My Tips For Selling On Etsy

etsy

I was inspired to write this post because I come across this very topic all the time in the various crochet groups that I love being a part of.  I, myself, have struggled with this very subject and was left feeling very defeated.  That’s when I decided to research and really figure out what it would take to sell my handicrafts in this extremely competitive marketplace.

In my research, I scoured through many articles saying the same vague info…  you need to have the right product, a certain je ne sais quoi, etc…, but nothing ever specific.  Or worse, courses you have to pay for to get advice.

First, you need to look at what you’re offering and be critical.  Is your product a dime a dozen?  If you make amigurumi, then take a walk down the toy aisle at any given store.  If you find something similar, then it’s time to reconsider what you’re making.  Same goes for crocheters who make accessories like hats, scarves, backpacks or handbags, and garments.  Spend a day cruising popular clothing stores and make a note of what there is an oversupply of so you know what to avoid.

The key is to get ahead of upcoming trends.  A great way to find out what to make is to look at baby, wedding, toy, home decor, and fashion magazines.  These give great insight as to what styles and colors are on-trend for the season before they flood the market.  (Money Saving Tip: Check to see if your local library has current magazine issues, this way you can read them for free.)

Material.  Yes, yarn is expensive, and acrylic yarn is an awesome product that comes in a zillion variations at affordable prices, but anyone can buy a commercially made product of comparable materials for far less than what you would need to charge to cover materials and labor.  If you are making an item for a baby, you may want to consider organic materials.  If you are making an item for sale as a wedding gift or home decor item, you may want to consider using a more luxurious material.  This reason alone is enough to charge enough money to cover material and labor.

Time of year is also a factor in any business’ sales.  Toy sales are higher around November and December.  Clothing sales are higher in spring and fall.  Baby and Wedding sales are more of a spring, summer, or fall time of year.

Consider where you advertise.  I sell amigurumi patterns and advertise them in my beloved crochet groups on Facebook.  The wonderful people in these groups can already crochet themselves (or are looking to learn) so a pattern on how to crochet a particular item would be something these folks would be interested in.  Typically, these are not the people that would want to buy a finished crocheted item.  Take a look at what you are selling and think of the type of person who would be interested in that particular item, then advertise it in that type of group.  Be sure to read the group’s rules for posting. (Group Tip: I recommend avoiding business groups as these groups tend to be filled with sellers, not buyers.)

Once you have an idea of what you want to create and with what materials, go out and find a fabulous pattern!  There are a plethora of patterns out there on the internet.  Check websites like Craftsy, Ravelry, Etsy, Pinterest, and Google.  Many patterns are free but don’t shy away from paid patterns either.  I often find some of the most beautiful patterns are paid ones. (Also, you’ll be supporting a fellow maker by purchasing a pattern.)  Just remember, if you sell a few items from that one paid pattern, then it most definitely has paid for itself.  Be sure to refer the pattern designer on your listing as typically noted on patterns.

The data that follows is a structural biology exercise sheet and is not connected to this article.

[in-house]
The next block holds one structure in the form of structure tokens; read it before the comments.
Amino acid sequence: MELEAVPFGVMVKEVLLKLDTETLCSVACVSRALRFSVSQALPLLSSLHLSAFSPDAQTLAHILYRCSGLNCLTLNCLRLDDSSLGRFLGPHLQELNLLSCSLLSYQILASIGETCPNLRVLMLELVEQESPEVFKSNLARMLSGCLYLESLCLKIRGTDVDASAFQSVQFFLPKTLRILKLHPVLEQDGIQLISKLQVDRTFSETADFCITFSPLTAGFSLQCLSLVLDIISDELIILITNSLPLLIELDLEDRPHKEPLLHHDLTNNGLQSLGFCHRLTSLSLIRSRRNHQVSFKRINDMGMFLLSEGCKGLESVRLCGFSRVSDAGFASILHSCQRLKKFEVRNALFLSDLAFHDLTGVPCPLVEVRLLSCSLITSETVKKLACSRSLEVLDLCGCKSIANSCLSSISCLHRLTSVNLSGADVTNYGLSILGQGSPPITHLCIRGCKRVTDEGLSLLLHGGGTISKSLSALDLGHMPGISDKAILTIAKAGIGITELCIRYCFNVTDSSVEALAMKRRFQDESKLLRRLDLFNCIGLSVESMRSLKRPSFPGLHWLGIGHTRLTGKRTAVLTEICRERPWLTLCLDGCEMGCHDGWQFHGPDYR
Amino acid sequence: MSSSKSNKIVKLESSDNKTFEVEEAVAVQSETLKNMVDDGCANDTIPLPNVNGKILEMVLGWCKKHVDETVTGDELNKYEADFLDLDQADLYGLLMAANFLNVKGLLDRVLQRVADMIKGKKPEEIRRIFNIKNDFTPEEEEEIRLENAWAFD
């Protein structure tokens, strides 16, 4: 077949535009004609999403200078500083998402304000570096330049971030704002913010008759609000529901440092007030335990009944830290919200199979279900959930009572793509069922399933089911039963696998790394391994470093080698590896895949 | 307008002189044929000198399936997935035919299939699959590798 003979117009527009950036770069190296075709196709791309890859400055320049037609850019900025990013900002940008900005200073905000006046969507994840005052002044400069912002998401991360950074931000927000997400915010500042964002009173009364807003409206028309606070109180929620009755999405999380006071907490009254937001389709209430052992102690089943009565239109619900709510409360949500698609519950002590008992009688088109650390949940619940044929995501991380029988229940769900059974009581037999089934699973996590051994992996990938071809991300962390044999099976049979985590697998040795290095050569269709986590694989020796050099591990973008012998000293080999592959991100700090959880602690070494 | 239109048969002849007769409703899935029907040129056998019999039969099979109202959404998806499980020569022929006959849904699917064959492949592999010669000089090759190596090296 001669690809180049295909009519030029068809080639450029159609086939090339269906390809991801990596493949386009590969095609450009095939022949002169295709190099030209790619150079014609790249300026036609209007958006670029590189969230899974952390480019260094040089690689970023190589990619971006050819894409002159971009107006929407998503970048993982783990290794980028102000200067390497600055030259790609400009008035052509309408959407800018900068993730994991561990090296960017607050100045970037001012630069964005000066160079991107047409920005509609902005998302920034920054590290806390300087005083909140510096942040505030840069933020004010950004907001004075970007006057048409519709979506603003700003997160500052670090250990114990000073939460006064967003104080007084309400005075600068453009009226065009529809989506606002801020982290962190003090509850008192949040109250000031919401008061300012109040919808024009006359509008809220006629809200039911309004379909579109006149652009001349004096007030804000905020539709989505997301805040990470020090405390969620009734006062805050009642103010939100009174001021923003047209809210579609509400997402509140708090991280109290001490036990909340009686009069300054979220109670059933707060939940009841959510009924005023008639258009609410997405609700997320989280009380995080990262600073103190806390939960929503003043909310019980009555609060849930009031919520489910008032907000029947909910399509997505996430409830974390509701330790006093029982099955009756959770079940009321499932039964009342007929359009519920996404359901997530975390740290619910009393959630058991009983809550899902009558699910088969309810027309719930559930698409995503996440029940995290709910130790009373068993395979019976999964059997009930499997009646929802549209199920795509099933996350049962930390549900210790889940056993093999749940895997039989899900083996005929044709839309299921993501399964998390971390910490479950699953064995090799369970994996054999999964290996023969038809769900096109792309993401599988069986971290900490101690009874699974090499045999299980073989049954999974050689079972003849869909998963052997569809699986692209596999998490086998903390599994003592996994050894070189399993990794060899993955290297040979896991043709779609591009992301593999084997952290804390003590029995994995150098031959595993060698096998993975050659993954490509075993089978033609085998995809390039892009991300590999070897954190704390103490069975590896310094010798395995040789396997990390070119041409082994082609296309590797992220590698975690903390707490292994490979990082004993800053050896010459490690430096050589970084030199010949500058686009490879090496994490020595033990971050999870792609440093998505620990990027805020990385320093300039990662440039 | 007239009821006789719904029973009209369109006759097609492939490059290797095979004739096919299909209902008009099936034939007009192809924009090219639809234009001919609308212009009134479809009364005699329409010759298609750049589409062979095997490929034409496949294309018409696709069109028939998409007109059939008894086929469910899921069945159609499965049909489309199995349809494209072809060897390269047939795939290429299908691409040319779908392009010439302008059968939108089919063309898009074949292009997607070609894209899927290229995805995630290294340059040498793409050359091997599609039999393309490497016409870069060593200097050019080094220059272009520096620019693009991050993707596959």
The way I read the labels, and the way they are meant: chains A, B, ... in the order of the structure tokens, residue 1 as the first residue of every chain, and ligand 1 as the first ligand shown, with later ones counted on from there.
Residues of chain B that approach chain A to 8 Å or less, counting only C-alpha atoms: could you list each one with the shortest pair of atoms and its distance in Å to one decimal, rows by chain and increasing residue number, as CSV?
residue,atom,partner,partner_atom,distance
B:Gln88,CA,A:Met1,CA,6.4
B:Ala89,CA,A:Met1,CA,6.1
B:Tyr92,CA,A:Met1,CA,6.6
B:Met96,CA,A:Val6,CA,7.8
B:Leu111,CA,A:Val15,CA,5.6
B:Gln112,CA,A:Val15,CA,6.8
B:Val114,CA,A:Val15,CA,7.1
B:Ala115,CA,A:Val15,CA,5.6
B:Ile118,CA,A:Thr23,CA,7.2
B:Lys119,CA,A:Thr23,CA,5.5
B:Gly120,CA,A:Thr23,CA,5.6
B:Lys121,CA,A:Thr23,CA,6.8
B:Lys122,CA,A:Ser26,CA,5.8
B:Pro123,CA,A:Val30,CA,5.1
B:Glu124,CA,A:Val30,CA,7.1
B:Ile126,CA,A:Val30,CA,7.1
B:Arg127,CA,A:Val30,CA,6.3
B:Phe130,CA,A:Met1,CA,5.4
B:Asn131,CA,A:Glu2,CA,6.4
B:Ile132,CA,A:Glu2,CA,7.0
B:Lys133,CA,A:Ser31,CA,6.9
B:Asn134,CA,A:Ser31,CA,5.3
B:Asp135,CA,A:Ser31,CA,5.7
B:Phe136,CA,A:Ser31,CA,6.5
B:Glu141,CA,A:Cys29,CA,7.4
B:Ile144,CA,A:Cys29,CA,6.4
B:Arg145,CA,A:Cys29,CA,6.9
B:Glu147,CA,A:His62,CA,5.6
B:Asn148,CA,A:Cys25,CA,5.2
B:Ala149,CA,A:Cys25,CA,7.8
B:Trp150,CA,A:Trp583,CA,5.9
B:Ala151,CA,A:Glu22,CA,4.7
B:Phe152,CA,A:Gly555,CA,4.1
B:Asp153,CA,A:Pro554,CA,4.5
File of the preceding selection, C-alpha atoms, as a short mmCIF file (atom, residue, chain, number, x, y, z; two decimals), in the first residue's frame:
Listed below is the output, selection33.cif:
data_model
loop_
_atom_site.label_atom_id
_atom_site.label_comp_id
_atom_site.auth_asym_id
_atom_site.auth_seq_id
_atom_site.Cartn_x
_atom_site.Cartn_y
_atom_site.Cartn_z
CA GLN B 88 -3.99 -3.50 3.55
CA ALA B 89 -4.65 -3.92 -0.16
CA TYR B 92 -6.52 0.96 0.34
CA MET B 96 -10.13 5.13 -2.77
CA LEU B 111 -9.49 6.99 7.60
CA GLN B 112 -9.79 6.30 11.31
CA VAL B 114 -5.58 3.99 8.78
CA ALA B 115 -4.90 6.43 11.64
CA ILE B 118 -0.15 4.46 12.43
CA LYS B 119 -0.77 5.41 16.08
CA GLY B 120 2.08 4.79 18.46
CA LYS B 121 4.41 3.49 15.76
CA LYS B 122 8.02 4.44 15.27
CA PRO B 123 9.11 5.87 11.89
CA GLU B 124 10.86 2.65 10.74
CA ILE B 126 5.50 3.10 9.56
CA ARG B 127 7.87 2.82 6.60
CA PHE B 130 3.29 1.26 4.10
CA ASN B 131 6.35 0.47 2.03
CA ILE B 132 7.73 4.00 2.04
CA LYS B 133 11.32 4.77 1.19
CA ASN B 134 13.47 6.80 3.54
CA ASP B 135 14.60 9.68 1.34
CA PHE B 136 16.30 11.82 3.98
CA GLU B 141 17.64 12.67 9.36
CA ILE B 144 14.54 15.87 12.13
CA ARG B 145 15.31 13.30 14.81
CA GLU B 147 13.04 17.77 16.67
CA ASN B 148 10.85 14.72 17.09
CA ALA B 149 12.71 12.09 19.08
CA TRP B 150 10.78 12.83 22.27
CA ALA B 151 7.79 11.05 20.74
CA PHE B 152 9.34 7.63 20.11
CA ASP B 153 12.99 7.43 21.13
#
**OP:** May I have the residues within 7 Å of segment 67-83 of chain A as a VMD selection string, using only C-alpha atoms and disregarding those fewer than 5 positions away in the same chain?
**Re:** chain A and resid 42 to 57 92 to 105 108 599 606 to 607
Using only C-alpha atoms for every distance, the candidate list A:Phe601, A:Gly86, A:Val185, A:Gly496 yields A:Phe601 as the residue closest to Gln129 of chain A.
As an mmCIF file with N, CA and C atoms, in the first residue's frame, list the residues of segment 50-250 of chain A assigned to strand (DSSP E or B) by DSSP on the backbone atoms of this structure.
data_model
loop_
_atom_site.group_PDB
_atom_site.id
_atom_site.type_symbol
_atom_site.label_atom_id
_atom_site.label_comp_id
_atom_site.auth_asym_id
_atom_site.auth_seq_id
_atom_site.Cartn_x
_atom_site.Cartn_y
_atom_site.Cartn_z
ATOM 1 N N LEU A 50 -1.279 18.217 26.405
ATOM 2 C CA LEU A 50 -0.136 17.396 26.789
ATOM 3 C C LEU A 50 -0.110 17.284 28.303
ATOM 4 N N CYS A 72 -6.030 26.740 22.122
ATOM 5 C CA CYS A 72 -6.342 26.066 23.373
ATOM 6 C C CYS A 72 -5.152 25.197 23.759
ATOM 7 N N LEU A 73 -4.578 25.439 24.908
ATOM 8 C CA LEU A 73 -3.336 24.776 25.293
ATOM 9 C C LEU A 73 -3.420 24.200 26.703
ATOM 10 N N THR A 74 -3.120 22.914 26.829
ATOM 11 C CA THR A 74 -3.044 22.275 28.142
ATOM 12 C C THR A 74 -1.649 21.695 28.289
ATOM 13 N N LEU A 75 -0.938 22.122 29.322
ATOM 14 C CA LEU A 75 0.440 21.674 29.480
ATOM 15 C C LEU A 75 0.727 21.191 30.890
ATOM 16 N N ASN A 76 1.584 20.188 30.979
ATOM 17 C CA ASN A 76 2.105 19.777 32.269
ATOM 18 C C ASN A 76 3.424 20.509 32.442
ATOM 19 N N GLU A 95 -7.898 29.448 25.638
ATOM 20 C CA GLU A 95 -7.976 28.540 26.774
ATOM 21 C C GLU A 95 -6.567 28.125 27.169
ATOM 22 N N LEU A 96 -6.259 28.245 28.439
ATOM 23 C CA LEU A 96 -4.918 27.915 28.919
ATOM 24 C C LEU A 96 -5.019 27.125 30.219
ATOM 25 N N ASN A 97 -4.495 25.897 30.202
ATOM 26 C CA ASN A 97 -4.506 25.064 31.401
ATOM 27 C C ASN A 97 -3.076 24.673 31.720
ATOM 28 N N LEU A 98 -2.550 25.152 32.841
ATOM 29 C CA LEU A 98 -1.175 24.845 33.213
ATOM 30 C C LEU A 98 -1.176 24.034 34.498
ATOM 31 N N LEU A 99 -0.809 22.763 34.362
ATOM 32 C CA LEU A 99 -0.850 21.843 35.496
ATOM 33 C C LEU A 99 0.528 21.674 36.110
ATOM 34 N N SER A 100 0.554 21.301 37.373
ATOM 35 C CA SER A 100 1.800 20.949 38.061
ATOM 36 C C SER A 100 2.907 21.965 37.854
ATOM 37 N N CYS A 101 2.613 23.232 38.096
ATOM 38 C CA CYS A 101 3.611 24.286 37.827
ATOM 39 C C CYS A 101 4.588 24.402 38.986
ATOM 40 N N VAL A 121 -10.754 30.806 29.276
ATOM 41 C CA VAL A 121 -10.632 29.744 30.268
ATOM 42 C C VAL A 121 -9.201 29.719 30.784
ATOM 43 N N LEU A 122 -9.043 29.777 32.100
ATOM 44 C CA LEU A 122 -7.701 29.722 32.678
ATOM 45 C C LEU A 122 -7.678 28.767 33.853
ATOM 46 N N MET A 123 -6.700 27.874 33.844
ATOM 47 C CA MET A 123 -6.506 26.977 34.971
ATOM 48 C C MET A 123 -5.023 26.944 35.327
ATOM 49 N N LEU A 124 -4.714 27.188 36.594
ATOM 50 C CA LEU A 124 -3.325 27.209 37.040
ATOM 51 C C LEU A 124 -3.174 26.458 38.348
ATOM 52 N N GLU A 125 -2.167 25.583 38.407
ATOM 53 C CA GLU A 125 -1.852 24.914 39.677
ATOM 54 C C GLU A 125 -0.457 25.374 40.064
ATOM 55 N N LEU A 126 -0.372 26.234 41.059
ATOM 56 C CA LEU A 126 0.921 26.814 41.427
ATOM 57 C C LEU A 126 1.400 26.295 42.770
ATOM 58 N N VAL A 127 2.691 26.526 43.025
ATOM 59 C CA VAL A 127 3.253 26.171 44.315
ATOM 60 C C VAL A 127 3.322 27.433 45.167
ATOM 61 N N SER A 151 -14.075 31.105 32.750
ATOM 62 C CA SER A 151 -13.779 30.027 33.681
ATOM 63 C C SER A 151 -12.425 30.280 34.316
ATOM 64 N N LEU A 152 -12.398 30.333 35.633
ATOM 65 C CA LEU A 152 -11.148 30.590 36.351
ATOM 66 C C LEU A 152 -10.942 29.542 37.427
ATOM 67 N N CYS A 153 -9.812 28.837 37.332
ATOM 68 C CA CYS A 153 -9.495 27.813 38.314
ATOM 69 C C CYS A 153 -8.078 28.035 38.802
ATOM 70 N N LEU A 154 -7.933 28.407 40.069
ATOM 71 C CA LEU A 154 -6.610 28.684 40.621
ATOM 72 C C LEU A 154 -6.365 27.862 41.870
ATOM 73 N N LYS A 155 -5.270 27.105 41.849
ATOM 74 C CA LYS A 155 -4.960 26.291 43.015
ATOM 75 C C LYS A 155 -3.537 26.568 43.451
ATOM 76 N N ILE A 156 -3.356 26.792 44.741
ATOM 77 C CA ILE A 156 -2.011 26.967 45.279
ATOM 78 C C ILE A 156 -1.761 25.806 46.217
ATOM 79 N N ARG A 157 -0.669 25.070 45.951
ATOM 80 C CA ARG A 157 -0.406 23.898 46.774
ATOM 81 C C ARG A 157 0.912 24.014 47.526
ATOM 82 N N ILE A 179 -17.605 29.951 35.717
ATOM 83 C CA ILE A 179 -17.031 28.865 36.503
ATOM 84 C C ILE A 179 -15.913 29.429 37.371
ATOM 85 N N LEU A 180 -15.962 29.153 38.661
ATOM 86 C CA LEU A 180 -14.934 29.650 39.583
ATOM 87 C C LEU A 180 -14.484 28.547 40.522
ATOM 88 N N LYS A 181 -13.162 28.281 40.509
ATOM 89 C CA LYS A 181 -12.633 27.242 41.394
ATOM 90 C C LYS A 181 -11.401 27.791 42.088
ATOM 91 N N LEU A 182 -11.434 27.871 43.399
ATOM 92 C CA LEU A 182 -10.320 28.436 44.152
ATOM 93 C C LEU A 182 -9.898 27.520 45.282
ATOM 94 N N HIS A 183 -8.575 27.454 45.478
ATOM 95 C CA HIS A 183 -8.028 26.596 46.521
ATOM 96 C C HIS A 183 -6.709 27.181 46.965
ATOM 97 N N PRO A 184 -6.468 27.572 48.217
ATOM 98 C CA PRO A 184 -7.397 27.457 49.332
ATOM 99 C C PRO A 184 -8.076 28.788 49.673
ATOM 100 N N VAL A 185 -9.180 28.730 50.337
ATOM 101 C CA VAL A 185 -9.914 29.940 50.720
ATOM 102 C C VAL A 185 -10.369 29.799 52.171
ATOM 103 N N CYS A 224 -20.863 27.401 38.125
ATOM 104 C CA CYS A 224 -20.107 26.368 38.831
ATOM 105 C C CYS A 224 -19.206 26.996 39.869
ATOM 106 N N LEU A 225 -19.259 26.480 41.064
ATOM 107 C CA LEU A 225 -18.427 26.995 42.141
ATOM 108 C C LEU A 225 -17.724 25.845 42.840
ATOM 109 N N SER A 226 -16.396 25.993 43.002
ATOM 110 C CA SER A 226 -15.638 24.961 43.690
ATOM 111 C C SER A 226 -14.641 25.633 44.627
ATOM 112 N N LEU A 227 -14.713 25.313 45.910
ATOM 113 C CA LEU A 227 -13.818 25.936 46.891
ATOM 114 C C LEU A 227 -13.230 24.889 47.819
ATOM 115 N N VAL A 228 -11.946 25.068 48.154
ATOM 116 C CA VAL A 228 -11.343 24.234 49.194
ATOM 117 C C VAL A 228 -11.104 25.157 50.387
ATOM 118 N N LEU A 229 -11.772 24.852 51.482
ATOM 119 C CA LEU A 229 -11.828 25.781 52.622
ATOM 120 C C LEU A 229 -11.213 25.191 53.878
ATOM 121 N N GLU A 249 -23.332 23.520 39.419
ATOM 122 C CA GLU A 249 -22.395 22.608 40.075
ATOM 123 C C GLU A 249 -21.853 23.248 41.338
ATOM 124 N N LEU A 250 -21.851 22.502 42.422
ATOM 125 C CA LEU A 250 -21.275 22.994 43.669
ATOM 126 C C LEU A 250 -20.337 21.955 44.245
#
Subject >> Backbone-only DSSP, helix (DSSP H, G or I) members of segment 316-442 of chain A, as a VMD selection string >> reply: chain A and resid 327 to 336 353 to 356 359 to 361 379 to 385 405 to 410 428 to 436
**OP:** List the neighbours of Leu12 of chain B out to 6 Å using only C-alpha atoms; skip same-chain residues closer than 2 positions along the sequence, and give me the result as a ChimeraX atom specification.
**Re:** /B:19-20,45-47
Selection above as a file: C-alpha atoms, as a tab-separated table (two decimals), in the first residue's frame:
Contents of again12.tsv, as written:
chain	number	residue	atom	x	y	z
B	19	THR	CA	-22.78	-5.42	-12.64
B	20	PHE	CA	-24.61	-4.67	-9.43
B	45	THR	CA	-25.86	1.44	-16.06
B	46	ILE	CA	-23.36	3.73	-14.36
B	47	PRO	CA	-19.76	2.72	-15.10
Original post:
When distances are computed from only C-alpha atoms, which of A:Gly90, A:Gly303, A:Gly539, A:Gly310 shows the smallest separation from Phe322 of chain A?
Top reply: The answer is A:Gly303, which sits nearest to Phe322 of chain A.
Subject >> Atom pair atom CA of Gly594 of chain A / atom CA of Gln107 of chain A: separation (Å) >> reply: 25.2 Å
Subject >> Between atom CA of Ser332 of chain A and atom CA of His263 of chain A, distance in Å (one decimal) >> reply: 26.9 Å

In a nutshell… When trying to figure out how to get buyers to trade you their money for your product–materials, color, and style are important attributes to consider.  Examples: I created this black, white, and red, visually stimulating crochet book for babies out of 100% organic cotton (materials set you apart).  I created this boho chic baby layette set (style sets you apart) with the option to be customized (wording signals and added cost) in 100% organic cotton (now you’ve got material and style that sets you apart).  I created this throw blanket and/or decorative pillow set out of 100% cashmere.  Check out this faux leather and/or cool color festival top.  Etc…

Before I go there are a couple of topics I feel that I need to mention… First, use good pictures.  This subject was mentioned over and over in “how to improve my online sales” articles along with elaborate ways to photograph like a pro.  Let me just say this: on all of the online listings that I saw, I have NOT seen one photo that would’ve steered me away from the product.  If, by chance, someone who is reading this has their listings photographed on top of a pile of dirty laundry, dishes, or other clutter/randomness, then please retake the pictures with a plain background.  You can easily use white printer paper, construction paper, or scrapbook paper (my personal favorite).  Second, there are crocheted creations that are more of a work of art than a toy.  If you are selling a work of art, then be sure to advertise where you would expect to find art lovers, doll collectors, or other fans of your subject matter.  Also, I’ve seen teddy bears that are so beautifully done that they might be considered both a work of art and a toy; at this point, you might want to advertise it as home decor or heirloom gifts.

Be sure to subscribe to my blog at www.onelittlehook.com to stay up to date on new content, patterns and giveaways, and random editorials like this.  Happy Hooking!

Please visit my OneLittleHook Facebook community group at https://www.facebook.com/groups/139653136590869/ to post pictures of your projects; get crochet tips, tricks, or help; and to connect with other lovers of all things crochet!

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